Most general practitioners are employed in the private sector. So that's where you need to look if you are after a general practice job. And most general practice doctors have understood this for quite some time.
Private hospitals on the other hand have been a bit overlooked in terms of possible positions for international doctors. This is probably because traditionally to work in a private hospital you needed to be an actual Consultant, a Fellow of a College, who can bring patients into the private hospital and allow the private hospital to charge. Or a fairly senior and experienced doctor who can work efficiently for the hospital and particularly free up the Consultants.
Of late things have been changing. There have been some private hospitals who have started to take medical graduates as part of the intern allocation process. And some hospitals are now seeing IMGs as possible options for providing general ward cover.
You might try approaching these private hospitals individually or many work as part of a group of hospitals where you can apply for a range of job opportunities.
In my “5 Tips for Working as a Doctor in Australia” video I point out the the medical job labor market in Australia is driven by an issue of supply and demand, whereby prestigious hospitals in capital cities are generally sought out by doctors. Which means that the cities tend to draw doctors from the regions and the regions from the rural and remote areas.
As a result. The more prepared you are to get out past the big places like Sydney, Melbourne and Brisbane. And even bypass the Newcastles and Geelongs. In favour of the Burnies, the Rockhamptons and the Armidales. The more likely you are to be able to actually meet with someone who might be interested in seeing if you are a good fit to work at their hospital.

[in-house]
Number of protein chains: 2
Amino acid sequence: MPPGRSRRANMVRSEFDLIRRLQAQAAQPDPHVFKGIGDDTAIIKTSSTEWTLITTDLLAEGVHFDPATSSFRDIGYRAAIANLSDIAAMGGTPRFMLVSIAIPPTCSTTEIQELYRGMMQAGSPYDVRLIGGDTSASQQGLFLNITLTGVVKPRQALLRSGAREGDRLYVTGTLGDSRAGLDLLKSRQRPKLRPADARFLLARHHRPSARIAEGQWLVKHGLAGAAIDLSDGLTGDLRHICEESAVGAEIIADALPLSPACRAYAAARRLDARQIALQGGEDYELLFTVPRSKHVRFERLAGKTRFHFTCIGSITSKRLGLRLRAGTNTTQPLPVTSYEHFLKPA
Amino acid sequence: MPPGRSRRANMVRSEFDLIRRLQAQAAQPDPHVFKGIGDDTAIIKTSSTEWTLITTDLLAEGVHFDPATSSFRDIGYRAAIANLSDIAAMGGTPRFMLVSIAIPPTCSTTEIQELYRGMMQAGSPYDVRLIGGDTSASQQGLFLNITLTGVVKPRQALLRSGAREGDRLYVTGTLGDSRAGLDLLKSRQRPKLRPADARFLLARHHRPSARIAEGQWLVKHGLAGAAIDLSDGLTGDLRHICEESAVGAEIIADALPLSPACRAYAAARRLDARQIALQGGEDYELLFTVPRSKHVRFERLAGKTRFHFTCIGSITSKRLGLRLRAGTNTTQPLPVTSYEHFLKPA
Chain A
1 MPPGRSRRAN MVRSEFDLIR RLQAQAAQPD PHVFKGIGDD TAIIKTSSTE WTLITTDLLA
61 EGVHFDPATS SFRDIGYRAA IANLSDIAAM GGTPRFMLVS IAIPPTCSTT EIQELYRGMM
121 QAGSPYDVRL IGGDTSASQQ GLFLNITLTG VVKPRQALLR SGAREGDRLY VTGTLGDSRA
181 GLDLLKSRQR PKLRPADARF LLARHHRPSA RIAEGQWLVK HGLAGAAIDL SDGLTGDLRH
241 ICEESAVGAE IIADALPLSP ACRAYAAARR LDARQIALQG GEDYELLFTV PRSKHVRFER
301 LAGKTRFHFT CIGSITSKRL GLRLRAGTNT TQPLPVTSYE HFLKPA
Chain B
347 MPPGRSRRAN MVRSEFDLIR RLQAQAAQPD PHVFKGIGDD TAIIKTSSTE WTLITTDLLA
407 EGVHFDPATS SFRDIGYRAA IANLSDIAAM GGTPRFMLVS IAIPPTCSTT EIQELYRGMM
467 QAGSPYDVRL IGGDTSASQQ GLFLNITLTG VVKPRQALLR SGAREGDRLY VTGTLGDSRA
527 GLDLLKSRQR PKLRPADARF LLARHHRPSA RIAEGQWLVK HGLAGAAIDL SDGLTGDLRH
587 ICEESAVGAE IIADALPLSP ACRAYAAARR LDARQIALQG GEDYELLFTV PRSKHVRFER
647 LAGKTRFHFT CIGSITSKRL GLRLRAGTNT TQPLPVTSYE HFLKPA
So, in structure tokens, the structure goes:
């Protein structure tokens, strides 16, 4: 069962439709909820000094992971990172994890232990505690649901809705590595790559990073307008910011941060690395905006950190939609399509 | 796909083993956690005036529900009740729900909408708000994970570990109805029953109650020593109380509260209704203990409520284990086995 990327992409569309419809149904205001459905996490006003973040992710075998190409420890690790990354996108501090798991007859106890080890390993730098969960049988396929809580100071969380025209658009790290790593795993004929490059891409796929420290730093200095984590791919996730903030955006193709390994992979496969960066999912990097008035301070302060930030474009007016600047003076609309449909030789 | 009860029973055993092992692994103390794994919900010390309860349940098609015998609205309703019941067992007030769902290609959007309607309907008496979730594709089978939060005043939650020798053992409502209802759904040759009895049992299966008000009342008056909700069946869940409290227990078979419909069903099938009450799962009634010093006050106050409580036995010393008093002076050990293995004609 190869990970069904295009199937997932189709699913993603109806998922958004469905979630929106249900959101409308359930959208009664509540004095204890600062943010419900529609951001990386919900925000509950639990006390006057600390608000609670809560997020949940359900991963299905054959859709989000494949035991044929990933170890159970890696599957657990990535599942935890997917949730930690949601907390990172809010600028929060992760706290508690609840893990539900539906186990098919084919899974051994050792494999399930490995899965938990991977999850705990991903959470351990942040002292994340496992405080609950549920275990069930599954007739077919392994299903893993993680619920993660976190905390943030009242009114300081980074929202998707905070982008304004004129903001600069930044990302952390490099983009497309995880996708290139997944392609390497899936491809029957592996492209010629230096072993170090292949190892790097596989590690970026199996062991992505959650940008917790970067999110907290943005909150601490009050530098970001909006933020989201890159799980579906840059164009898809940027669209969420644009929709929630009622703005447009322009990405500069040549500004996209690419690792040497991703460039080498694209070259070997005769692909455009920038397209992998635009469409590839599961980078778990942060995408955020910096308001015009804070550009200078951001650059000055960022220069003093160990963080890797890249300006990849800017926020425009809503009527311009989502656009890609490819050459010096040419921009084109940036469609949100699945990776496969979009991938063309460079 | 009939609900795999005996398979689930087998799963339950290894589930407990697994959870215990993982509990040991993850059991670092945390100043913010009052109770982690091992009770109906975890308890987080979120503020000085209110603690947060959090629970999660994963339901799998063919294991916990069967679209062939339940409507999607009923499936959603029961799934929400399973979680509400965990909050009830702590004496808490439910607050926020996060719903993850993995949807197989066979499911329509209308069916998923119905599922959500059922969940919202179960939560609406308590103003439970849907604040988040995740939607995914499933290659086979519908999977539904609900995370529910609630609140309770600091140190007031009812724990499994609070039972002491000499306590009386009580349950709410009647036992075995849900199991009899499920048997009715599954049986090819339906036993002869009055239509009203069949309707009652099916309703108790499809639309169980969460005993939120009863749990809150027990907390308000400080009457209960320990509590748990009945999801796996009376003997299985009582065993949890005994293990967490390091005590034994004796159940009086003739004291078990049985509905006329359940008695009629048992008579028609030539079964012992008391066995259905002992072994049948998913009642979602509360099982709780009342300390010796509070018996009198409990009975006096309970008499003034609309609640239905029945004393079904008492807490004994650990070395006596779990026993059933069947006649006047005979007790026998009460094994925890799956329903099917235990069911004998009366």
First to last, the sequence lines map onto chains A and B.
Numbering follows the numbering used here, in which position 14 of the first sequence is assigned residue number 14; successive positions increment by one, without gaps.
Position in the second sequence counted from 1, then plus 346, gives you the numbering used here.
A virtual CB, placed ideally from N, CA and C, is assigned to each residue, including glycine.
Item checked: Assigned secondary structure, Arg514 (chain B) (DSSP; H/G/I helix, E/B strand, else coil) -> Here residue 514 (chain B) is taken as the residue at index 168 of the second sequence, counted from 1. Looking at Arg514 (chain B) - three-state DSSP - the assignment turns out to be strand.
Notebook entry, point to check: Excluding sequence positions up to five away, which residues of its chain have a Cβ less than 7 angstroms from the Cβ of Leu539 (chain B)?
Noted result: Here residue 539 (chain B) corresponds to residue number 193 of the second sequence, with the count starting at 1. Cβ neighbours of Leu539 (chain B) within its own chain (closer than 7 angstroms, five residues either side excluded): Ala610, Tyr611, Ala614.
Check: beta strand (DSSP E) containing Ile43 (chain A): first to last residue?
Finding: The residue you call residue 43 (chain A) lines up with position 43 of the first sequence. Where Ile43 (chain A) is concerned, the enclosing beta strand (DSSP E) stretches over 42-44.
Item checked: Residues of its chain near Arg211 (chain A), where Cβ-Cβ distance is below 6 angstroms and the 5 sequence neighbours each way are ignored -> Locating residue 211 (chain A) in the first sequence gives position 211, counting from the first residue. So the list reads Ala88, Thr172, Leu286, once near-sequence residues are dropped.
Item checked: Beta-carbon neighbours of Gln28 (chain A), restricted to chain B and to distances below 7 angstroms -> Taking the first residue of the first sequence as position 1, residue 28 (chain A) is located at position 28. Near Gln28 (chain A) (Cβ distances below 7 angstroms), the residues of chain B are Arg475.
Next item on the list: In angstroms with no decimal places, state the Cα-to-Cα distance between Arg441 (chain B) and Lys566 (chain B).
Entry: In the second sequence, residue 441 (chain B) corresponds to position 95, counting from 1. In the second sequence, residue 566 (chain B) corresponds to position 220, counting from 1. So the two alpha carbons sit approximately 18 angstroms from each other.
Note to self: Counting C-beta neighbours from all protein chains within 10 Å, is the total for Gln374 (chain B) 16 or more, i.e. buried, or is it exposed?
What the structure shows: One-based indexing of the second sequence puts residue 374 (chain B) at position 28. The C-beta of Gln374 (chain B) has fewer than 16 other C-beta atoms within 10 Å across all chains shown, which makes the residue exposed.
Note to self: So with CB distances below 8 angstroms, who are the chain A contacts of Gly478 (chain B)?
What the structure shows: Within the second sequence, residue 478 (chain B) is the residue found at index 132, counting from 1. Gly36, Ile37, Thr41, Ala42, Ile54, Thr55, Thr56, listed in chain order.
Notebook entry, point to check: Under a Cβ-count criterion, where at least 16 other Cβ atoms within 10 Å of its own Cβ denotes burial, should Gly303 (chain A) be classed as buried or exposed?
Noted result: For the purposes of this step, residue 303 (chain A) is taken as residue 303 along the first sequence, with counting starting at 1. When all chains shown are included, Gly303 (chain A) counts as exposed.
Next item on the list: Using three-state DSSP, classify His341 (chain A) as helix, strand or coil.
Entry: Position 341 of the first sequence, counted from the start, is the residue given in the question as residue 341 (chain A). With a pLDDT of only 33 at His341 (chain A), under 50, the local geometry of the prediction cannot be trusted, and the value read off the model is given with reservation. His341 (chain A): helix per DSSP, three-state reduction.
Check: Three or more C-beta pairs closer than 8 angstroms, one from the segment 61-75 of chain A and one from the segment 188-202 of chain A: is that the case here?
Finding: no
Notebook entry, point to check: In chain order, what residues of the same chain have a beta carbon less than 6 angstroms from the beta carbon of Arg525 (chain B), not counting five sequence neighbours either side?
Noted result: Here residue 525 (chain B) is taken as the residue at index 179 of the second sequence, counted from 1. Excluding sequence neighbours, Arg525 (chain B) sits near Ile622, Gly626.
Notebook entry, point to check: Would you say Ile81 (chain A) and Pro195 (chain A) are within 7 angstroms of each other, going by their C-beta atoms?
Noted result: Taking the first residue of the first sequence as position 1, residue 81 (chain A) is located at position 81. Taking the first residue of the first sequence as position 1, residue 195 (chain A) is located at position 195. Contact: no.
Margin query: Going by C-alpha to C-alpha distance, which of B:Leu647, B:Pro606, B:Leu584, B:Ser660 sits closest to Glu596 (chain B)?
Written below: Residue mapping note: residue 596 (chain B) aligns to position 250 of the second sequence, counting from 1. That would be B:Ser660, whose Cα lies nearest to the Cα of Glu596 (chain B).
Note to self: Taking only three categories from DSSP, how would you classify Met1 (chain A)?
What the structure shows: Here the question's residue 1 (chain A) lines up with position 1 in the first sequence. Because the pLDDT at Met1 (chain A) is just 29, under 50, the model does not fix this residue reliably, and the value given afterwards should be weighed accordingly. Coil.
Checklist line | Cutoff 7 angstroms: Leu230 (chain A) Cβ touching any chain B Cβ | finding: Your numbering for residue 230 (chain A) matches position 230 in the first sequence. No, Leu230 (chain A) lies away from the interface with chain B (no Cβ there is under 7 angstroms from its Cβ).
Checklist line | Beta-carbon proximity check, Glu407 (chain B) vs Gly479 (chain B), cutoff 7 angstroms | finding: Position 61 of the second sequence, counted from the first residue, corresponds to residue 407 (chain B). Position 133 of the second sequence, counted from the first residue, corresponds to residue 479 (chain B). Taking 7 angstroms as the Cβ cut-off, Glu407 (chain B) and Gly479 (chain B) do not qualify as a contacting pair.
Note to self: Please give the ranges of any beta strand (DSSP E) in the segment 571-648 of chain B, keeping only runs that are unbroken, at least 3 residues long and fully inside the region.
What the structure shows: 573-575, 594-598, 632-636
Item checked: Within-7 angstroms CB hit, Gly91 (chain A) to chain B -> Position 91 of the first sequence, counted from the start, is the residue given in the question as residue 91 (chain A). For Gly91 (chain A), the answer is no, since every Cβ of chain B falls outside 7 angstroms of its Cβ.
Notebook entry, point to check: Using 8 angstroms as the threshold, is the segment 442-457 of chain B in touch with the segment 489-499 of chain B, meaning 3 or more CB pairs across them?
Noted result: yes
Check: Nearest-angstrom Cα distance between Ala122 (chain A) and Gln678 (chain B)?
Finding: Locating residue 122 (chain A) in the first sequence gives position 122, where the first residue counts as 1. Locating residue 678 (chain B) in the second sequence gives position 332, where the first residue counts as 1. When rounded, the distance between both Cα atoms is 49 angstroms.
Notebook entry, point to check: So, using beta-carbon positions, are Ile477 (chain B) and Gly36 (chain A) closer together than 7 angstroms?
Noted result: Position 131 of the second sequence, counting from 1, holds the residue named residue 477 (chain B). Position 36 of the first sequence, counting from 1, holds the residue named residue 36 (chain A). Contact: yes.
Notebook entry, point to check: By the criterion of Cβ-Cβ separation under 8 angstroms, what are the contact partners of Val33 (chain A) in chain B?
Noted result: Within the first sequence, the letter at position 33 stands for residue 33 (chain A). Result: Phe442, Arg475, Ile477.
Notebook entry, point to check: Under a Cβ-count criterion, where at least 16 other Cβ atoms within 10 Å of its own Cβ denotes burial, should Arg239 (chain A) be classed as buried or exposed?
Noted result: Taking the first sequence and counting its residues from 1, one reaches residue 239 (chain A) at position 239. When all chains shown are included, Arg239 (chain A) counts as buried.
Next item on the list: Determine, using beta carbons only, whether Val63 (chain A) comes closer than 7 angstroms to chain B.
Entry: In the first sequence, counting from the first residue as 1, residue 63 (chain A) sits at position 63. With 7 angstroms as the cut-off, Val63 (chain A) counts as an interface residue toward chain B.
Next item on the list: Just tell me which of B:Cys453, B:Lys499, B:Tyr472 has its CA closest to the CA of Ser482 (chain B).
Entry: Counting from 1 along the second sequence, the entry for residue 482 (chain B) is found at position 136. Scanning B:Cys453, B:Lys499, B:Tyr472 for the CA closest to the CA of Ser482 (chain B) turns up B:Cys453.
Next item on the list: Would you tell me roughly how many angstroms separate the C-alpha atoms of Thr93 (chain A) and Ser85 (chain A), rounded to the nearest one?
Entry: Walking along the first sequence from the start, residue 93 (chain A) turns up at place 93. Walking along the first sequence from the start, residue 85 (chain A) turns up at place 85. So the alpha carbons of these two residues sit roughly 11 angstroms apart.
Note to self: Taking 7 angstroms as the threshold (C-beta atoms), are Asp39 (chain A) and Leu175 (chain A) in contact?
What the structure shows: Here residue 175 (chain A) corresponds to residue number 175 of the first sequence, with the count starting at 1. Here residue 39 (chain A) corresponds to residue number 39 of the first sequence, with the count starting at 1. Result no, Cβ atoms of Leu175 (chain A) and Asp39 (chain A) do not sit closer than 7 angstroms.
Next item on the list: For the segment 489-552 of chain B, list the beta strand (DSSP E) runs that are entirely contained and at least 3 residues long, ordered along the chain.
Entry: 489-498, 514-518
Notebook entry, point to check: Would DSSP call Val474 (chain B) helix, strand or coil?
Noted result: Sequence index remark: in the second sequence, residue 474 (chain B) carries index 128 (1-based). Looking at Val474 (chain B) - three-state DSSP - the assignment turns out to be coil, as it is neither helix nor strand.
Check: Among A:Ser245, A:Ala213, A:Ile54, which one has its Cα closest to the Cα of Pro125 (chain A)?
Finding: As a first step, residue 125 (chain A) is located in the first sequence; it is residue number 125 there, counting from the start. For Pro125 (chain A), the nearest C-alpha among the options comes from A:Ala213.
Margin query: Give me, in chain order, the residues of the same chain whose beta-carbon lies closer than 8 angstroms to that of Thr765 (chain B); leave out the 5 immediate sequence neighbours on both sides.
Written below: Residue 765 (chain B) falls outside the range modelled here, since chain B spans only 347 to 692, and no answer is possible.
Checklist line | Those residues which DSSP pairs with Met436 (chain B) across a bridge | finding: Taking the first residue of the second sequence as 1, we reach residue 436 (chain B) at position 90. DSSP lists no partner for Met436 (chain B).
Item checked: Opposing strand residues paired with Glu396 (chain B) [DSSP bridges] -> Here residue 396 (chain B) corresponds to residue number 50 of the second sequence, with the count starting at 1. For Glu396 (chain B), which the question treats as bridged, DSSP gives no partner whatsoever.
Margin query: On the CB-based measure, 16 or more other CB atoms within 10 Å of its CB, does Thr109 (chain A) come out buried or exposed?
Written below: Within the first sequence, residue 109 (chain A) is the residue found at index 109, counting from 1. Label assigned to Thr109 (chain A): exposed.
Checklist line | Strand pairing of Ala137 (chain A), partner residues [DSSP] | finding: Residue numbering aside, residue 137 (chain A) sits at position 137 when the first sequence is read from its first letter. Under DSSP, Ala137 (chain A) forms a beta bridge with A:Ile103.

I speak to so many International Doctors about this tip. And so many ignore this really sound piece of advice. It can be hard to move your family if you are established within a like community in a capital city. But you will often find that there is a lot of local support and gratitude that makes it worthwhile at the other end.
In the above video I talk about the potential benefits of working with a recruitment agent. Sometimes the agencies know about other job opportunities that are not well advertised publicly.
However, its not as simple as just registering. Recruitment companies have to make a living. So they are not going to take on any doctor for whom they feel that there is not a real prospect of landing a job.
In my experience you are wasting your time contacting recruitment agents if you are on the standard pathway, unless you perhaps have a prospect of working in general practice.
On the other hand it may be worth contacting a recruitment agent if you are eligible under competent authority or have already gone through the specialist assessment process. Particularly if you work in one of the more higher demand areas, such as critical care, psychiatry or general medicine.
This is a great question. And, I'm hoping to provide some more information about this for you shortly. Many of the strategies discuss above will work if you are looking for general practice roles. You are not, however, generally looking for those keywords of “eligible for registration.” And you are unlikely to find many general practice positions advertised on the State and Territory recruitment sites.
This is a great question. And, I'm hoping to provide some more information about this for you shortly. Many of the strategies discuss above will work if you are looking for specialist positions. You are not, however, generally looking for those keywords of “eligible for registration.”